India: Legality Of Services Related To Broadcast Of Live Events

Last Updated: 15 February 2013
Article by Manoj K. Singh

Most Read Contributor in India, July 2017

The tremendous growth in the sports industry and sports viewership across the globe has led to a growing integration between the law and sports. As more viewers watch through broadcast than live at the sports ground, the live broadcasting business has been doing exceptionally well in recent years. Providing seamless connectivity, proactive collaboration and access to content in real time are the key requirements of such live broadcasts.

In terms of the Indian legal scenario, a question which needs to be answered is whether the copyright in sports events broadcast live by various means and the rights regarding value-added services arising out of the broadcasting of these events are covered by India's Copyright Act, 1957. The act provides the right of copyright in "original" literary, dramatic, musical and artistic works, cinematographic films and sound recordings.

The act does not specifically deal with the live broadcasting of sports events although such events could fall under section 13(b), which protects cinematographic films; section 37, which protects the rights of broadcasting organizations; and section 38, which protects the rights of performers. Section 2(f) defines a cinematographic film as any work of visual recording on any medium and includes a sound recording accompanying such visual recording. From this it is clear that section 13 does not provide any protection to value-added services arising out of live sports events. Further, section 37 relates to broadcasting reproduction rights and does not include value-added services arising out of a live broadcast.

For indirect protection of value-added services arising out of broadcasting of live events, one has to look at section 38, which covers performers' rights. Though a sports event is not specified under section 2(q) or section 2(qq), a sports event clearly falls within the definition of "performance" and so the players (and also umpires) would be a performers.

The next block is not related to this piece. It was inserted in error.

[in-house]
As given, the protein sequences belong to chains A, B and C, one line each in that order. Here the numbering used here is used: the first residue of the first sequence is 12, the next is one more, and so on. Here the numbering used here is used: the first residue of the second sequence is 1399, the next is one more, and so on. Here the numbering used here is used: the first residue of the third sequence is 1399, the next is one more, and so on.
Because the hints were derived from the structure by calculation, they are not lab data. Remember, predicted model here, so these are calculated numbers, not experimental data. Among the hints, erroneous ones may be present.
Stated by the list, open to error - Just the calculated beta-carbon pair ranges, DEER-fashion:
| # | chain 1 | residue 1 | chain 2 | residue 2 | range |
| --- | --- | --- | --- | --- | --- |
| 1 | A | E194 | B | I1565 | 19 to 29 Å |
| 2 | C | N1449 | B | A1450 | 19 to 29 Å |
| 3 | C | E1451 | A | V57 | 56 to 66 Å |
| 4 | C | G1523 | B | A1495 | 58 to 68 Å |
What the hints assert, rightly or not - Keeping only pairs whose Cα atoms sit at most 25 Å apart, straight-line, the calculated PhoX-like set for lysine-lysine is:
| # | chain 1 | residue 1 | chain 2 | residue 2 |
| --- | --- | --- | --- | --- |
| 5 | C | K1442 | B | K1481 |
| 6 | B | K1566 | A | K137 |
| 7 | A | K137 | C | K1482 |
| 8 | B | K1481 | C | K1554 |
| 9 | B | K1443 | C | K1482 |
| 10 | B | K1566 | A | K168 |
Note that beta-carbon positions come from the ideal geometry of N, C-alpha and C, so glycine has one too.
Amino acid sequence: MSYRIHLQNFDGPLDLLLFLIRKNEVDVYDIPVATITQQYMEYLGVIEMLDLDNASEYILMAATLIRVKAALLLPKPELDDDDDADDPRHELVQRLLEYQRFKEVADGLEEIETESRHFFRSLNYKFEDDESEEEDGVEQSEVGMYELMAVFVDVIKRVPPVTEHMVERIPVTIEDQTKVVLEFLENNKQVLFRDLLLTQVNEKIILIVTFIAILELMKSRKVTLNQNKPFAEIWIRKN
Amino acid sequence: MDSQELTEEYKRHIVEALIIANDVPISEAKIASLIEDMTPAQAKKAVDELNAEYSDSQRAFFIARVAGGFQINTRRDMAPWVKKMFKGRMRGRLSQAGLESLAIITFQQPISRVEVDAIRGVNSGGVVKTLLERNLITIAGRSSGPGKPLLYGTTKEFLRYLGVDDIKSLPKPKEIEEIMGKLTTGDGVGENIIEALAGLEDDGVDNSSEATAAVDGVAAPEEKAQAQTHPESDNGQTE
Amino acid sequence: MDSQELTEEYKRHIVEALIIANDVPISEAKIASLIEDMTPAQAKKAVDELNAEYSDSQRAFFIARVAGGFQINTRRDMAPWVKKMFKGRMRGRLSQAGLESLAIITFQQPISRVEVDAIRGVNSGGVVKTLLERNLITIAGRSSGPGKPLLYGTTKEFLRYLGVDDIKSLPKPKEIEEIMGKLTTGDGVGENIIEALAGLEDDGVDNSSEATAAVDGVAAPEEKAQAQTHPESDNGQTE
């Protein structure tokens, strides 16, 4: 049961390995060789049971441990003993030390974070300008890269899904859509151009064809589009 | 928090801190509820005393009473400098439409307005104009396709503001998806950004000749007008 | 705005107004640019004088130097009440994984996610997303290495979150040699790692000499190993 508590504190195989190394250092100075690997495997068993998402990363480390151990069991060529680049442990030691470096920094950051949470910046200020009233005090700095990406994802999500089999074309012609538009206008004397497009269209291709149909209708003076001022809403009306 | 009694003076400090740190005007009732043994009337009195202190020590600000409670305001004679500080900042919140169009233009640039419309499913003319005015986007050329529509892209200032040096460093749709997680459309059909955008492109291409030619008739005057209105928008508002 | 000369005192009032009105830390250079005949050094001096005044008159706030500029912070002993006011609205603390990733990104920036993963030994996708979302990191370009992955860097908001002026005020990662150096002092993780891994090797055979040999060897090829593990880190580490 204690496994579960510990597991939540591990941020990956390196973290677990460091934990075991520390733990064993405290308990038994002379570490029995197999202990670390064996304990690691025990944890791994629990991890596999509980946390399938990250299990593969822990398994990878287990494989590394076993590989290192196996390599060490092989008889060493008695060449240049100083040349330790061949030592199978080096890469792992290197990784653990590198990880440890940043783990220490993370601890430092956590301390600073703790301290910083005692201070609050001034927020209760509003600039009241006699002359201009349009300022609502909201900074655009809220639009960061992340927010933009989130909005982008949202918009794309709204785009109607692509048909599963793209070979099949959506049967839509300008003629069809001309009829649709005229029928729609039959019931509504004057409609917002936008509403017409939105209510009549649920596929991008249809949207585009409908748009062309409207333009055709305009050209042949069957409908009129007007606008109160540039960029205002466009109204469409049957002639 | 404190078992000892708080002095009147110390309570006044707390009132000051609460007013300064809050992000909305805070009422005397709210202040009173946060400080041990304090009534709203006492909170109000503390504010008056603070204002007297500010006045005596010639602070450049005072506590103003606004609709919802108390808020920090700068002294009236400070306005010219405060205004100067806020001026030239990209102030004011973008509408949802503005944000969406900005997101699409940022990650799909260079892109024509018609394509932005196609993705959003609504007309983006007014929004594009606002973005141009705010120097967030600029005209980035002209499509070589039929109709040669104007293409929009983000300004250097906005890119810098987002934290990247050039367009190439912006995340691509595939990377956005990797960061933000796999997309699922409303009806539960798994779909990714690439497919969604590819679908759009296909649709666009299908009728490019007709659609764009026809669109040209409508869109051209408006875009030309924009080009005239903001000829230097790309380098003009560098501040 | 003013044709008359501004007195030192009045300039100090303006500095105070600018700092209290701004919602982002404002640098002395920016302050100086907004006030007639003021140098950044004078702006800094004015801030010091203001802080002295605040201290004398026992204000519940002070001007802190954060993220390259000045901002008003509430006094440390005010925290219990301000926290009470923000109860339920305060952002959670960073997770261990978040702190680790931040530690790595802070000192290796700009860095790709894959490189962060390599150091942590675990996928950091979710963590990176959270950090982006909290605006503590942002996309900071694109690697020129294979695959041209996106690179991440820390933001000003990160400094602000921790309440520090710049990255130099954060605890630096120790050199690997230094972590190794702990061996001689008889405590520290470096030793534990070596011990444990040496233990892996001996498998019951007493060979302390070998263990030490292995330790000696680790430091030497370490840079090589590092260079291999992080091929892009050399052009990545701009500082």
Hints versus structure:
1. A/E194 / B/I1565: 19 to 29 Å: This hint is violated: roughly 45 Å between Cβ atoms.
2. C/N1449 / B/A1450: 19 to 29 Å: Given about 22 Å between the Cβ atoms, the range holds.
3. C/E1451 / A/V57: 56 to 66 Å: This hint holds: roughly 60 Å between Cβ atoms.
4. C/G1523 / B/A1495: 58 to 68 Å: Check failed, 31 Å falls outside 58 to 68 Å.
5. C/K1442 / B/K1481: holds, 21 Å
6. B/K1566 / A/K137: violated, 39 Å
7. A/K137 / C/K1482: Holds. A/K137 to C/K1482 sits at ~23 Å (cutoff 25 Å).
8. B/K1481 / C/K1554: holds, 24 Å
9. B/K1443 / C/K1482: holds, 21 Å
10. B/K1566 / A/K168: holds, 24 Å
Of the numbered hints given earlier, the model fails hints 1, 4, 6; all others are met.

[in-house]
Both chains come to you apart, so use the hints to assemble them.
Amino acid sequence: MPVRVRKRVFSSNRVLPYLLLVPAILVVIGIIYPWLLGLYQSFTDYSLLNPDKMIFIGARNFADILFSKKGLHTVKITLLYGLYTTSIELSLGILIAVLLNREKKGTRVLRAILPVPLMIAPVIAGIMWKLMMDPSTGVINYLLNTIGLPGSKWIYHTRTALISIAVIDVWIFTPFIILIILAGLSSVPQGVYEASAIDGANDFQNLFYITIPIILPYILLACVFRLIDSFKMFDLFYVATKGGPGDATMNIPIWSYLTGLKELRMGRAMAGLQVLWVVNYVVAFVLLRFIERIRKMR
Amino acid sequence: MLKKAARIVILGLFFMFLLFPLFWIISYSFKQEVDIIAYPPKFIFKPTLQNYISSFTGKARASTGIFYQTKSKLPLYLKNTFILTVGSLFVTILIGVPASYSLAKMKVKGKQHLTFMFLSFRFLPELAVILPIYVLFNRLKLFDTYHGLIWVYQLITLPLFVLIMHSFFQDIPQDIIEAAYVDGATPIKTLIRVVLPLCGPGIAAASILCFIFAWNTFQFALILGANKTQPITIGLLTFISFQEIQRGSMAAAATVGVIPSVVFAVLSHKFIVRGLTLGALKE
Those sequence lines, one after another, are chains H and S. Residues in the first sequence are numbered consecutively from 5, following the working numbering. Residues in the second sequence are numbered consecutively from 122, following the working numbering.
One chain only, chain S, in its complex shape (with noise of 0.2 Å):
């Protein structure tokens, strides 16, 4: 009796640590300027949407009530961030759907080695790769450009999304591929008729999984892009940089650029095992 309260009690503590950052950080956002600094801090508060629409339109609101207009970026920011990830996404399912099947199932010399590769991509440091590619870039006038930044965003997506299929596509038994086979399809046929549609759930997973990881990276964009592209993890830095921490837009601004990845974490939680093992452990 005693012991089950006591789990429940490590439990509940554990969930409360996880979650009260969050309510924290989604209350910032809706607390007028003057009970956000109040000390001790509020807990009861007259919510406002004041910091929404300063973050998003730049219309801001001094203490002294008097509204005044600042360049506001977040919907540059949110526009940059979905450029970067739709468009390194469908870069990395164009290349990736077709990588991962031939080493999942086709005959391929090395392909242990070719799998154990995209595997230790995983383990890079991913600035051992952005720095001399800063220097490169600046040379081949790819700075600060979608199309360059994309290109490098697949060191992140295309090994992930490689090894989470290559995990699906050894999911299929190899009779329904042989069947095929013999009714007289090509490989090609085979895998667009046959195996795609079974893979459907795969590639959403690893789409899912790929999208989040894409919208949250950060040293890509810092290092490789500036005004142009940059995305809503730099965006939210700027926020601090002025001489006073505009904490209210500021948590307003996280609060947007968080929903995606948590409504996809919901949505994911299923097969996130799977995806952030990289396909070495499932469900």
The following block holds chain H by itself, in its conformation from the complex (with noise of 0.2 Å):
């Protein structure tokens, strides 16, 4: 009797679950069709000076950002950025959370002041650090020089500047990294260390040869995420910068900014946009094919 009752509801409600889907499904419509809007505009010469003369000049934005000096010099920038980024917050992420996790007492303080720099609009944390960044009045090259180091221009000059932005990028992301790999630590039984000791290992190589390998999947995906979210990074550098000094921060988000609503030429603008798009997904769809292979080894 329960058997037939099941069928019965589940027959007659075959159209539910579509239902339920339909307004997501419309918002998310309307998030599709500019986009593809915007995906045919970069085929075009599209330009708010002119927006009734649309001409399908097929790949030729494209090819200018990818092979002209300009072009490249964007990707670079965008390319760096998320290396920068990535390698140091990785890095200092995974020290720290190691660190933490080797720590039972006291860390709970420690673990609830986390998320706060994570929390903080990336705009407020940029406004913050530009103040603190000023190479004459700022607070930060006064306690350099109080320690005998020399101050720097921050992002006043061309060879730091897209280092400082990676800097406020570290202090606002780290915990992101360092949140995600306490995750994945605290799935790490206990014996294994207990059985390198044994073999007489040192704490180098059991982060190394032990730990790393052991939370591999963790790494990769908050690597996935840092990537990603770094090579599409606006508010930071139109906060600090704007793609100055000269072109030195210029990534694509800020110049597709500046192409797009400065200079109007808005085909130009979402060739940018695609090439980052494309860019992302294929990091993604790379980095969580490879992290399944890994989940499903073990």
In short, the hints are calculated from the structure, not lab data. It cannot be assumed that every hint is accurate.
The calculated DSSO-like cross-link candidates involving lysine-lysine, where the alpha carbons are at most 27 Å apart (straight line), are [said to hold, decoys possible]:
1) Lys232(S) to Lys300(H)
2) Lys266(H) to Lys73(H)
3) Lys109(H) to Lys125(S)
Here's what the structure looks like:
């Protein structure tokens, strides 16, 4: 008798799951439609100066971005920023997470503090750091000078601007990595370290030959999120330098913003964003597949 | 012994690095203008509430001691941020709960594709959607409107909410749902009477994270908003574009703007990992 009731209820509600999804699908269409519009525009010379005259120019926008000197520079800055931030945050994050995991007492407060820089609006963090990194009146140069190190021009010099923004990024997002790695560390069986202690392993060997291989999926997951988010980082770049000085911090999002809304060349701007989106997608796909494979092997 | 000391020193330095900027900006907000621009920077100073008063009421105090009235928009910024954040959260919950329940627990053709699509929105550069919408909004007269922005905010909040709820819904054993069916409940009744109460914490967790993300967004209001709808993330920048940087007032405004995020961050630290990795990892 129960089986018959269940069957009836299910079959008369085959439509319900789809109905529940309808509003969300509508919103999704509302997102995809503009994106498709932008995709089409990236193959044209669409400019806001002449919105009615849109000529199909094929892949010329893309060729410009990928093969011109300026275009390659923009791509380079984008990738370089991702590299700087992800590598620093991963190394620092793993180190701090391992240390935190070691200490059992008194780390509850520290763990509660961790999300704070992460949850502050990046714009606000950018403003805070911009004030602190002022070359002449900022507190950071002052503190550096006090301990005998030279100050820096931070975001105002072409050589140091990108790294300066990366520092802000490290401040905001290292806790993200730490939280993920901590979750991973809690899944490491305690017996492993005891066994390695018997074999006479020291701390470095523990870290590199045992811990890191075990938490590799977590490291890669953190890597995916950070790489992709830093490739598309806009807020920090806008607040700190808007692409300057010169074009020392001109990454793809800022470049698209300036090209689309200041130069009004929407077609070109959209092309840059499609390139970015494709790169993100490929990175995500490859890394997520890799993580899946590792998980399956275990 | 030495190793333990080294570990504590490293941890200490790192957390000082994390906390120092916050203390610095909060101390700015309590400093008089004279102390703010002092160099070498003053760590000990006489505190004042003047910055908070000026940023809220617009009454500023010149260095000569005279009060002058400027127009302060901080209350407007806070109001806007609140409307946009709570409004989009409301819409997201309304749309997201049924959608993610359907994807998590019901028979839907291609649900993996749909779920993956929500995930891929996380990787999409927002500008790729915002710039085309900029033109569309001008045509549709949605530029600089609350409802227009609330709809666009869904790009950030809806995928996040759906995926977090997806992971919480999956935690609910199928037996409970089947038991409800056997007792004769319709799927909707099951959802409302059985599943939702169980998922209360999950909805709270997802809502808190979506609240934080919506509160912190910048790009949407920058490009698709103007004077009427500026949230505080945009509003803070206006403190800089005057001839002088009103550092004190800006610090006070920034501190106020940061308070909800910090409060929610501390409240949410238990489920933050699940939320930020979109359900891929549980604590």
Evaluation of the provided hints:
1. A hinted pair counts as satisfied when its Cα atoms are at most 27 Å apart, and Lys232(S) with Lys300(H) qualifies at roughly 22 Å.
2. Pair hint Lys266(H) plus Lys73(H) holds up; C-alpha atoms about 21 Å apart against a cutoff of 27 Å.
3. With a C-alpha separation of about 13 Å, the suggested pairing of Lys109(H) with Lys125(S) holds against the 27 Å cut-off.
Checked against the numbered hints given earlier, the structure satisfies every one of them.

This issue was recently considered by Delhi High Court in the case of Star India Pvt Ltd v Piyush Agarwal & Ors.

Brief facts and issues

Under an agreement between Star India (the plaintiff) and the Board of Control for Cricket in India (BCCI), Star India broadcasts matches organized by the BCCI and has rights over all information pertaining to the matches including the right to create and broadcast text messages (SMS). Through this agreement, Star India claimed the exclusive right to provide value-added services by SMS for 72 hours after a live broadcast. The defendants were providing value added services through SMS pertaining to the cricket matches broadcast by the plaintiff, and the plaintiff claimed the infringement of its exclusive rights.

The issues were: (1) whether the rights claimed by the plaintiff are covered under the act; (2) whether the plaintiff has the exclusive right over information which is available in the public domain after the first broadcast of the audio/visual recording.


The plaintiff argued that under its agreement with the BCCI, it has exclusive rights to all information emanating from a live event. The defendants responded that the information created by the defendants was gathered from data freely available in the public domain.

The plaintiff asserted that its rights existed independently of the act, i.e. the copyrights provided under the act are not exhaustive of the rights which can be created in respect of an event.

In response, the defendants argued that only the rights specifically provided under the act can be claimed by or granted to a performer or the assignee of a performer, such as the BCCI.

The plaintiff argued that a visual/sound recording of a match exists as specified in section 38A. Therefore reproduction or communication of such a work without a licence or permission amounts to infringement of copyright under sections 37 and 51. The defendants contended that they did not use the plaintiff's visual/audio recordings, so there was no violation of any right of the plaintiff. Information existing in public domain is news, which no one can monopolize.

Court's findings

The court held that: (a) a cricket match falls within the ambit of the term "performance" and therefore cricketers, commentators and umpires are performers under the act; (b) the agreement entered into between the plaintiff and the BCCI cannot result in the creation of a legal right which is not envisaged in the act; (c) news in public domain cannot be monopolized; (d) the principle of fair dealing and public policy would be defeated if there was a monopoly for 72 hours in favour of the plaintiff with respect to news created from an event which is available in public domain. While dismissing the suit without costs, the court decided that the defendants must wait two minutes before using the information in an audio/visual broadcast of the plaintiff. The decision has been appealed by the plaintiff and an order of the court's division bench is awaited.

This article was first published in India Business Law Journal, December 2012/January 2013 issue

The content of this article is intended to provide a general guide to the subject matter. Specialist advice should be sought about your specific circumstances.

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